17/02/2013 Sunday Politics East


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$:/STARTFEED. In the East, how much bottle do our Local Enterprise


Partnerships have? And the Labour leader in Bedford echoes another


Apology for the loss of subtitles for 2122 seconds


leader's historic speech, but is he $:/STARTFEED. Hello and welcome to


the local part of the programme, I'm Andrew Sinclair. Coming up:


Have our Local Enterprise Partnerships got the bottle to


deliver growth in the region? They're being asked to do a very


big task by the Government, but with one hand tied behind their


back. And why the Labour leader thinks


Bedford speaks for Britain. Far from never having it so good,


millions of people think, are we going to ever have it so good


again? But first, let's meet our guests,


the Labour MP for Luton South, Gavin Shuker, and Julian Huppert,


the Liberal Democrat MP for Cambridge. And I guess the main


talking point this week has to be that we're getting all these new


ambulances for the East of England ambulance service. 15 extra


ambulances, 75 new paramedics, 124 more emergency care assistants


across the region, and this follows a long campaign by MPs. This must


be very welcome, Julian Huppert. is fantastically welcome. I have


had trounced -- tragic cases of constituents, one who died because


a number this did not get there in time, and I used to be in ambulance


crew with St John Ambulance, so I have dealt with some of these


ambulance cases. I vividly remember my first blue light run-up to


Addenbrooke's. They have listened to the pressure and the outcry?


They have also realised they were not hitting the target. There were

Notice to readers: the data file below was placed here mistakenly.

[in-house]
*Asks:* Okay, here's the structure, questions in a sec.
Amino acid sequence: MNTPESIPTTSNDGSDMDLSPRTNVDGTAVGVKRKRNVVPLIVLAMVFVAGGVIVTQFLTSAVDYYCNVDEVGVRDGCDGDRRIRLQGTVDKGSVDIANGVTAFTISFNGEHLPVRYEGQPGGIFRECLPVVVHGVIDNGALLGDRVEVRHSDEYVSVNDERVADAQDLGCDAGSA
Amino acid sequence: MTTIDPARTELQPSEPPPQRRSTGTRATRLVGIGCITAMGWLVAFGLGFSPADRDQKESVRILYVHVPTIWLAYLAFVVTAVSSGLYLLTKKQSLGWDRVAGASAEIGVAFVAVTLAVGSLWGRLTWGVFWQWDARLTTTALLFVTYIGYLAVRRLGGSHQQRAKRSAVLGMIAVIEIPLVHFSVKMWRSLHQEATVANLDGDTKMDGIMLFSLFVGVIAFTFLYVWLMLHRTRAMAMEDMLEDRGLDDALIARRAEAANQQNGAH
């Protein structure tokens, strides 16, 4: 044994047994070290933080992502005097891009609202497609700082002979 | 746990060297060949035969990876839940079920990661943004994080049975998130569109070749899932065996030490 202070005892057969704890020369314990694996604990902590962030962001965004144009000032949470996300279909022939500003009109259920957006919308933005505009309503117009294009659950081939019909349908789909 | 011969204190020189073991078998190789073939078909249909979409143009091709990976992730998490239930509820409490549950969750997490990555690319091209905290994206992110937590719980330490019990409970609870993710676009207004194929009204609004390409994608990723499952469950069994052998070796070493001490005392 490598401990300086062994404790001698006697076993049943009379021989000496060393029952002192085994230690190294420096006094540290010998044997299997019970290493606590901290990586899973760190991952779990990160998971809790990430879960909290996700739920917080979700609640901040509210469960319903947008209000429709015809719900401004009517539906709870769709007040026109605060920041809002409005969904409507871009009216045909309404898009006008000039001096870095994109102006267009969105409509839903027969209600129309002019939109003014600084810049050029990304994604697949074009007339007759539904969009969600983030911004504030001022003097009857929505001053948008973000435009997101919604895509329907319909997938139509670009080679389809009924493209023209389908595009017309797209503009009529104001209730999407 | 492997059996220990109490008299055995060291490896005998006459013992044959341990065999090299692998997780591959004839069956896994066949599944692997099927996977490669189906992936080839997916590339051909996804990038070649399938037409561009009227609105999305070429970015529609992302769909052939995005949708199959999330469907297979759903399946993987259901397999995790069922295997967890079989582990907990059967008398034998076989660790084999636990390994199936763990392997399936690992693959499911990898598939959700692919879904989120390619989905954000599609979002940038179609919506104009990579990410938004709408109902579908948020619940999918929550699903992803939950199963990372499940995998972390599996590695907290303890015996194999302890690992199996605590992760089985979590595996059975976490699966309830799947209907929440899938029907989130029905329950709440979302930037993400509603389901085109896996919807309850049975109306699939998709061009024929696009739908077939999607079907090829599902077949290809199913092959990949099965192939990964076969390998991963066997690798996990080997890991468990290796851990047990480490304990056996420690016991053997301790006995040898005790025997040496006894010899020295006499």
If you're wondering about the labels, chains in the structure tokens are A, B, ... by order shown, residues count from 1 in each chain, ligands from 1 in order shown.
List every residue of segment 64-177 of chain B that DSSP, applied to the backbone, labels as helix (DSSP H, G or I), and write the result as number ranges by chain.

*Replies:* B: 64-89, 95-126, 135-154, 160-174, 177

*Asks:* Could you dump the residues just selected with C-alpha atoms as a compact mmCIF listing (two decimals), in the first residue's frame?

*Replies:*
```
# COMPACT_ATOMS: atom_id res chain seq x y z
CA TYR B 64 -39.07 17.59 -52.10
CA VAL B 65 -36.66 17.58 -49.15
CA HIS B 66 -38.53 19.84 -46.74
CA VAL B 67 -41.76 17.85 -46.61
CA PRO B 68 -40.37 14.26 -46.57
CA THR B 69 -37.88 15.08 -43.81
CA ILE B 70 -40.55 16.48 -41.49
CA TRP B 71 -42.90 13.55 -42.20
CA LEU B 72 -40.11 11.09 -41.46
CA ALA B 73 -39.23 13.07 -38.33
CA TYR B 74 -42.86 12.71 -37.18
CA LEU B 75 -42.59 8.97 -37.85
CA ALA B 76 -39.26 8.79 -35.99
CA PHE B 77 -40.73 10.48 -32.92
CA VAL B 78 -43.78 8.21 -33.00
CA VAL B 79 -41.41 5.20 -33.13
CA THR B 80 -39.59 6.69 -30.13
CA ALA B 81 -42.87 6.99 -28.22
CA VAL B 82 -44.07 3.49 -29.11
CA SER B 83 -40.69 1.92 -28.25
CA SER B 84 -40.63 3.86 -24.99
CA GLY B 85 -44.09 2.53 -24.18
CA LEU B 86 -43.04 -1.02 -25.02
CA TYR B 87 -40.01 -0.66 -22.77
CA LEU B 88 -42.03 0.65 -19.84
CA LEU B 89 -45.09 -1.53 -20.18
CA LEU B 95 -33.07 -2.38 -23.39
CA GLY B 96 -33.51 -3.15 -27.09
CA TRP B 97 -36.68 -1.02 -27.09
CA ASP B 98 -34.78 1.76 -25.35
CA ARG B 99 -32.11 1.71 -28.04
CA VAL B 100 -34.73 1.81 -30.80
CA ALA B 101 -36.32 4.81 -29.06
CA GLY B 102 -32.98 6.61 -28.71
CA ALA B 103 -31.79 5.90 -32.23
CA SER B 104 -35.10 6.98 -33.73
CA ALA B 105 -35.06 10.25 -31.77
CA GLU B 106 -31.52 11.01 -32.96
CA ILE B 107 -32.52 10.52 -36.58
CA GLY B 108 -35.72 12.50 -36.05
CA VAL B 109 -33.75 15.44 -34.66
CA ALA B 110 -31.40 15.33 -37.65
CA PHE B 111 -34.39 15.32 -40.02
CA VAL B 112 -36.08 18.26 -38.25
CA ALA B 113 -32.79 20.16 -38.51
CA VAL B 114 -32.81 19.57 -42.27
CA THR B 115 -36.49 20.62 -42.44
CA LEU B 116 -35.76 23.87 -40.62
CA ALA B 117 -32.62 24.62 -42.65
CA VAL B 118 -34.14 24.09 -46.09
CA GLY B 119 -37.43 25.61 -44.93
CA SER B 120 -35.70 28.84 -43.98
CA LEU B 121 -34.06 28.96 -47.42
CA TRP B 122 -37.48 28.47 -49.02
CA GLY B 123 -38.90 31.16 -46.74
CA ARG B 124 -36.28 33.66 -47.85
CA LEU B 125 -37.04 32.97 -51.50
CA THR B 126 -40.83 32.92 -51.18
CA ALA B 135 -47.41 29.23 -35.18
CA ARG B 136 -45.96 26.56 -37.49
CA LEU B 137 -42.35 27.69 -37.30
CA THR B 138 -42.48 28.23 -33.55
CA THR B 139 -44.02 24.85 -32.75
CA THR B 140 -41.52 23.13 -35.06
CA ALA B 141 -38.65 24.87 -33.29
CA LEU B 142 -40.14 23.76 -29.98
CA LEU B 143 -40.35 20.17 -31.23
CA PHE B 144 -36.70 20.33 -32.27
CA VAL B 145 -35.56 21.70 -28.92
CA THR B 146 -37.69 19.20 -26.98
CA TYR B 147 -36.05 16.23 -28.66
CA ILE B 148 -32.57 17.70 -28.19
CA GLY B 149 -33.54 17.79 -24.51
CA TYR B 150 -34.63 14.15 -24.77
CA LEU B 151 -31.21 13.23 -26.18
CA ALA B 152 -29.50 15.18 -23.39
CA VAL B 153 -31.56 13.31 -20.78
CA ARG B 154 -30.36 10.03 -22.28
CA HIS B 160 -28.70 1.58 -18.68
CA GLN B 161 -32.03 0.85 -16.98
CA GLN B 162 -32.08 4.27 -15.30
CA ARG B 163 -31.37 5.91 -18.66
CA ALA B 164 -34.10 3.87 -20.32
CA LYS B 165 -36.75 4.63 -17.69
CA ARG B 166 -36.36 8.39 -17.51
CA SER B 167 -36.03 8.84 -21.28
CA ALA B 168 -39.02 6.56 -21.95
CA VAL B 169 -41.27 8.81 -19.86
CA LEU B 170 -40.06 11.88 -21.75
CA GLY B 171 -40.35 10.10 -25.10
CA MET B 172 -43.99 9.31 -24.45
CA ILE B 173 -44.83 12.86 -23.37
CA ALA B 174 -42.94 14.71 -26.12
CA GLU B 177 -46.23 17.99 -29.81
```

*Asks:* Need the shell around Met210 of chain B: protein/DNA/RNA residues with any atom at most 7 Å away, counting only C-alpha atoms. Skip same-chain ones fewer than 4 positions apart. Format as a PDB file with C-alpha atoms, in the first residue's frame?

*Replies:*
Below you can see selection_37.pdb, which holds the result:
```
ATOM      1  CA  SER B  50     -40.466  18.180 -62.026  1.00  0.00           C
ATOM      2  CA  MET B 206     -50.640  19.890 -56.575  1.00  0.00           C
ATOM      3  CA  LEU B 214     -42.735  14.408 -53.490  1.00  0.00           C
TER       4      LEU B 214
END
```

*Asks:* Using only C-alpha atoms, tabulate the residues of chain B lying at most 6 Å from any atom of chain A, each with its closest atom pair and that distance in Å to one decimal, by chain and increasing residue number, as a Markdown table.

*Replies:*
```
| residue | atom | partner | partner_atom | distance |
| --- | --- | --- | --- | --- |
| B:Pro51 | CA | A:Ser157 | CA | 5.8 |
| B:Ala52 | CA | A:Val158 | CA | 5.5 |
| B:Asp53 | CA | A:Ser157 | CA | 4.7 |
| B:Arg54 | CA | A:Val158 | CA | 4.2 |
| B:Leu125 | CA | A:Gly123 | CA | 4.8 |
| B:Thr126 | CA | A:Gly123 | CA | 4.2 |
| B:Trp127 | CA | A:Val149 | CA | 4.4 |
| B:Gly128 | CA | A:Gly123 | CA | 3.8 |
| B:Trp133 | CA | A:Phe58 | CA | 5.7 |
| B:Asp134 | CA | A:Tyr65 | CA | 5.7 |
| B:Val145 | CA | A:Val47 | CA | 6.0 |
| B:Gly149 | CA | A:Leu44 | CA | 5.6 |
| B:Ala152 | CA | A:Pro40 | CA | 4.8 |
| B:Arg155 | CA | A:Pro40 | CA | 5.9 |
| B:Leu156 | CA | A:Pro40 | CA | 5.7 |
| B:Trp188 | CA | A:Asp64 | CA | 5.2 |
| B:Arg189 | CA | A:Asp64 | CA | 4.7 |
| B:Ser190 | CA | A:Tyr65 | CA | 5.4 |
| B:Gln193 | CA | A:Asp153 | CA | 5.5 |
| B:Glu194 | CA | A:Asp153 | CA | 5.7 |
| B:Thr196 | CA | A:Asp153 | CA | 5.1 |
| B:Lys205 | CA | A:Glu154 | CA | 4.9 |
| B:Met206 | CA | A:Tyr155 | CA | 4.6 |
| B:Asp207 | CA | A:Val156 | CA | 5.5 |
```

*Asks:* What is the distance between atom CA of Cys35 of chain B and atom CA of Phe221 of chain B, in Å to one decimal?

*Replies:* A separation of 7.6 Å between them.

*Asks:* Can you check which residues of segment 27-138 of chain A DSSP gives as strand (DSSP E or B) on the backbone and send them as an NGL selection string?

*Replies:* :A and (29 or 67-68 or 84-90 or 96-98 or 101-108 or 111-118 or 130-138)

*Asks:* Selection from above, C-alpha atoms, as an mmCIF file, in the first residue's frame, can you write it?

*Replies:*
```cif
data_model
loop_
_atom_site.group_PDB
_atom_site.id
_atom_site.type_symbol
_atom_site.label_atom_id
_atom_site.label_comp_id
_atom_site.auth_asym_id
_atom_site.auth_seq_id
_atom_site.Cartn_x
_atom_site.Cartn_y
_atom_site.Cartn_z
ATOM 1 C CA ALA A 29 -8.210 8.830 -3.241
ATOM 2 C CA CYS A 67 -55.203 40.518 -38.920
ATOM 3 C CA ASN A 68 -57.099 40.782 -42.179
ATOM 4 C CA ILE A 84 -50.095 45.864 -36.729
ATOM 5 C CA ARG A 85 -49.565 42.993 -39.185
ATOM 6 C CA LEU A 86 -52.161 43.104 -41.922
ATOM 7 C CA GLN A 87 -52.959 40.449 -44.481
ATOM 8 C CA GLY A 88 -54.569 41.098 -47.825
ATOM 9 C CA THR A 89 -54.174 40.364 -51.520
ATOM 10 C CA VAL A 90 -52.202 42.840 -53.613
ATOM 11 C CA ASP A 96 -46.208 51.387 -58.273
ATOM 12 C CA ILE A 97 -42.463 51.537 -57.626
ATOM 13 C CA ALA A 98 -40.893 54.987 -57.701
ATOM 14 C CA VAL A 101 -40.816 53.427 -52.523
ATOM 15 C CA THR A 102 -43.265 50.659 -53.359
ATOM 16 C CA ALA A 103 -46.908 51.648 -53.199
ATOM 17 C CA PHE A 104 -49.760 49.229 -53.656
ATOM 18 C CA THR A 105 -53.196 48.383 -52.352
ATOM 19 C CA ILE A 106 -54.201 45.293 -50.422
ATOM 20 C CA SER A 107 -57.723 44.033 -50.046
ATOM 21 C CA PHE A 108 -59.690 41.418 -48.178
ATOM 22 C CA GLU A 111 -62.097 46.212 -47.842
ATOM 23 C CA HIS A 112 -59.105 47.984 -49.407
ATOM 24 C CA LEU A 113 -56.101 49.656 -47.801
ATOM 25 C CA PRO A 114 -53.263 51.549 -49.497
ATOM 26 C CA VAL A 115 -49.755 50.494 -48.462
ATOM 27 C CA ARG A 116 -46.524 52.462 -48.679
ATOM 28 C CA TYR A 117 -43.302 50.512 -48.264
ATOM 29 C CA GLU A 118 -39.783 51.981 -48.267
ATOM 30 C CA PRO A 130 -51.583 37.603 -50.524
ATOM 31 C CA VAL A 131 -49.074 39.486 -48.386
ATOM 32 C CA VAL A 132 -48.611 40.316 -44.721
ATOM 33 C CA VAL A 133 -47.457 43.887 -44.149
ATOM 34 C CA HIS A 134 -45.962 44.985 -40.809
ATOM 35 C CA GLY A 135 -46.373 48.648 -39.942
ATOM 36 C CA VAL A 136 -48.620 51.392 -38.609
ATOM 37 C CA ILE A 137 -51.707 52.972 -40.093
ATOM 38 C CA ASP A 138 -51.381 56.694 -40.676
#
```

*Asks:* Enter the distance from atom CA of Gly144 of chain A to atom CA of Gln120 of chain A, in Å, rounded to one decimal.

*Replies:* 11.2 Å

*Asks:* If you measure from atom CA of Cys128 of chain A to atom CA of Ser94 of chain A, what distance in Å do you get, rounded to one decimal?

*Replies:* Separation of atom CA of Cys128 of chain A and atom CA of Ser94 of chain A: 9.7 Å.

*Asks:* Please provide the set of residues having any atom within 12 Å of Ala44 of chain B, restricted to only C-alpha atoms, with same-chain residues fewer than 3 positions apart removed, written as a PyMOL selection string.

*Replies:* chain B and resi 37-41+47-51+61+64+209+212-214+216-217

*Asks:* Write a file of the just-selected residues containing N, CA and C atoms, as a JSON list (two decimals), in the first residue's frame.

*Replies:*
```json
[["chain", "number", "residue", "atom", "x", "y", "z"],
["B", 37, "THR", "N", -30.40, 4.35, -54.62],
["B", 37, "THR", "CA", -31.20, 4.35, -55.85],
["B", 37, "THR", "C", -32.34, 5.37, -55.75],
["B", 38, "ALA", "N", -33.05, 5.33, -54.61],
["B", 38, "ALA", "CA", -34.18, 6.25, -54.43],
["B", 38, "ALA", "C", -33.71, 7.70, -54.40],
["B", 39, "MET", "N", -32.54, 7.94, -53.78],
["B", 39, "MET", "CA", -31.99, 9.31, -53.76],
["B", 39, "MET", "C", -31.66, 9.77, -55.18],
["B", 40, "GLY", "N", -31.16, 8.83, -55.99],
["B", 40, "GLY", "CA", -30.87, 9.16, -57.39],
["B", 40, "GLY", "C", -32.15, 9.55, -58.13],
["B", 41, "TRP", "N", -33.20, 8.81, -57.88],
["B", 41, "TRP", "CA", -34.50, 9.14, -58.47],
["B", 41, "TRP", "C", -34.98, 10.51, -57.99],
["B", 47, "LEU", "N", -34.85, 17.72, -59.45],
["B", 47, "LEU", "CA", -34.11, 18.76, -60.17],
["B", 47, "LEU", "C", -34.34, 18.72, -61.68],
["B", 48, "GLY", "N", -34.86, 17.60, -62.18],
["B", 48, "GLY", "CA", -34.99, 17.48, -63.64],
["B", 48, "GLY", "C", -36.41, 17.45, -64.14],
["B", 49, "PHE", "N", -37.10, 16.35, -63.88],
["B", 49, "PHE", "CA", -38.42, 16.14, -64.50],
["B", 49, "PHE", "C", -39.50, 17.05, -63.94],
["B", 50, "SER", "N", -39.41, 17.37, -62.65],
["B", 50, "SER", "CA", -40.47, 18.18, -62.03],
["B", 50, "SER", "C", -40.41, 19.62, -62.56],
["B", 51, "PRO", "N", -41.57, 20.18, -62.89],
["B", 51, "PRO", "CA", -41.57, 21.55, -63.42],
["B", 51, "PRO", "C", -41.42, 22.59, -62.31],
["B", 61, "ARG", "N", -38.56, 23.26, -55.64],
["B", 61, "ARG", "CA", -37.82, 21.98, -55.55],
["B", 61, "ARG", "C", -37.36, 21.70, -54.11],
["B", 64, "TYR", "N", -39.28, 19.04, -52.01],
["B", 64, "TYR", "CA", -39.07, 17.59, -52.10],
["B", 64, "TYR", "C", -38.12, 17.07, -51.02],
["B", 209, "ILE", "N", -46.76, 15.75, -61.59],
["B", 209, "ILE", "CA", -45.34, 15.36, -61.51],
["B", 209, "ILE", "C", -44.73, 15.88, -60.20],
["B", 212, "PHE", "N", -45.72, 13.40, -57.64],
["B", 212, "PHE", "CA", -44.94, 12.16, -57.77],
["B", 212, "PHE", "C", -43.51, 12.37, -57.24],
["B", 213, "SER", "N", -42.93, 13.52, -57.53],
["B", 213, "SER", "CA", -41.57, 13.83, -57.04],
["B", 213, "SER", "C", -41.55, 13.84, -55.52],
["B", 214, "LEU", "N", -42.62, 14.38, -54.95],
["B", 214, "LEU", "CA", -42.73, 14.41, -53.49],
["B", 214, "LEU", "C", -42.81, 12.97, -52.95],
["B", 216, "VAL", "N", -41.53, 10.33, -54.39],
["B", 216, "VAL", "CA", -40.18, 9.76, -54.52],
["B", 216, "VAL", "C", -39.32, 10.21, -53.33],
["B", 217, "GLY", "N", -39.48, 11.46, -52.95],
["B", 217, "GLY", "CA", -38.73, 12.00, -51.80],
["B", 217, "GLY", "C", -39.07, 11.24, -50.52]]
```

too many cases of people being left too long with no treatment. Have


you are also had issues in towns about response times? New also her


-- in the rural areas it has been particularly acute. I have been out


with my own ambitions technicians, and I think we need to properly


resource these technicians as they go about their jobs. How is all


this going to be funded? Go as always the devil is in the detail,


but the trust have responded to the concerns being raised by MPs and


different communities, and they need the backing to get on and


improve those response times. Talking about money, have we got


the right mechanism in place to get our businesses to grow, and help


the region back on its feet? The Government's grand plan was to


scrap the Regional Development Agency that used to be in charge of


stimulating business growth in the East, and replace it with Local


Enterprise Partnerships, or LEPs. They were set up 18 months ago, but


questions are now being asked about whether they're really up to the


job. The economy is lacking fizz, but


here in Northampton they are investing big to get things going.


�60 million to revamp Carlsberg's UK headquarters. A new bottling


plant in the Northampton Enterprise Zone, run by the local LEP. It is


one of four the commission has created to boost growth. Some


Carlsberg has been created across Europe, now we will be able to


produce everything we need here in Northampton. We have brought 30


people in from the jobs zone. That would not have perhaps happened


without that confidence the Enterprise Zone creates.


The Government has shaken up the economic development. Long overdue


say some, lousy timing, say others. But is this new framework working?


Out went Labour's East of England Development Agency, and in came six


Local Enterprise Partnerships or LEPs. They bid for cash from the


new Regional Growth Fund. So far the East has backing for seven


projects, fewer than most other regions. The LEPs also won our for


enterprise zones. -- they run our for enterprise zones.